Release Date: March 21, 2014
Cast: Shailene Woodley, Theo James, Zoe Kravtiz, Ansel Elgort, Maggie Q, Mekhi Phifer, Jai Courtney, Miles Teler, Kate Winslet
Director: Neil Burger
Studio: Summit Entertainment, Red Wagon Entertainment
Distributor: Summit Entertainment, Lionsgate
Genre(s): YA Adaptation, Science Fiction, Dystopian Fiction
Based On the Divergent series by Veronica Roth
Divergent has been one of my most anticipated films of 2014 for a while now. (Most of the other movies on that list are superhero related so go Divergent!) I read the the first two books in the series a while back when I was backpacking in Europe and so I have a bit of an attachment to them. Regardless of what I thought of the books they were always going to hold a lot meaning to me because I’ll forever associate them with that trip. And I actually really did like them. So when I heard that they were going adapt the series for the big screen I was really excited.
I want to sort of fall into the tendency to compare the Divergent and the Hunger Games but I’m really hesitant to do that. The only real comparisons are that this is a young adult adaptation with a female lead set in a dystopian future. Both are also good adaptations of the original source material. (And they are both done by Summit Entertainment and Lionsgate, too, I’ll give you that.) That latter point is the most important because we’ve seen so many young adult adaptations flounder and fail recently. After the success of Harry Potter, Twilight, and the Hunger Games it seemed for a while like people wanted to just push out whatever films they could on whatever hot properties they could acquire. That’s why even as hopefully optimistic as I am I can never shake that fear that the film versions of stories aren’t up to snuff. (Maze Runner and the Giver? I’m looking at you guys.)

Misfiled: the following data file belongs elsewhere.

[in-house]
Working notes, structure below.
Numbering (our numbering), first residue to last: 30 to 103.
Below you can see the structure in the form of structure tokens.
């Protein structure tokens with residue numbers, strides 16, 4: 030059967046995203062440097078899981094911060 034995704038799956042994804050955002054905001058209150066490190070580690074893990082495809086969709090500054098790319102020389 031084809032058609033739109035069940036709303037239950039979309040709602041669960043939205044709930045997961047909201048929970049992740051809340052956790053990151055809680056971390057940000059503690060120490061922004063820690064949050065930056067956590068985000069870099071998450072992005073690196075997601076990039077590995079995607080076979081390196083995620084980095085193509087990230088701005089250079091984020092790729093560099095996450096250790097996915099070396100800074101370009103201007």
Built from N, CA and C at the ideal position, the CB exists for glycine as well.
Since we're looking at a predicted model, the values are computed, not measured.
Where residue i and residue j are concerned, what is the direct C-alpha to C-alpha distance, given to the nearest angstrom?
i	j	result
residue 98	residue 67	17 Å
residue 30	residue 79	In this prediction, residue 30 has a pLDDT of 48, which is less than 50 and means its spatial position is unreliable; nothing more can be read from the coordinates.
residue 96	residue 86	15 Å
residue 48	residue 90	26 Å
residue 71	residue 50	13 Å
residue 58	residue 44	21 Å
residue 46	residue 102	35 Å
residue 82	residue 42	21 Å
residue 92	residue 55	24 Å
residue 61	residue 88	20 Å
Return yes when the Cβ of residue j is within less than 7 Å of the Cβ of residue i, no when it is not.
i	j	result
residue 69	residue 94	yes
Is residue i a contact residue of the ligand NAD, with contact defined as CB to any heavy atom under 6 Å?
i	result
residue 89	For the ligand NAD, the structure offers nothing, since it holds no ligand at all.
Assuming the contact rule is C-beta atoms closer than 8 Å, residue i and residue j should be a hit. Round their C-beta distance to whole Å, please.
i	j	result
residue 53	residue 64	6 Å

I never had any doubts about Divergent, though. From the moment I saw their first released footage at San Diego Comic Con last year I knew this was going to be a great movie.
And I was totally right.
For those of you who may not have read the books, Divergent takes place in a dystopian Chicago. The remnants of humanity exist here in the city and are split into five faction – Abnegation, Amity, Candor, Dauntless, and Erudite. Each faction values on particular value or personality trait be it intelligence, selflessness, or courage. Beatrice Prior (played by Shailene Woodley) is the hero of our story and she’s born into Abnegation, a faction that values self-less service and simplicity, scorns vanity, and live in simple homes wearing largely dull colors.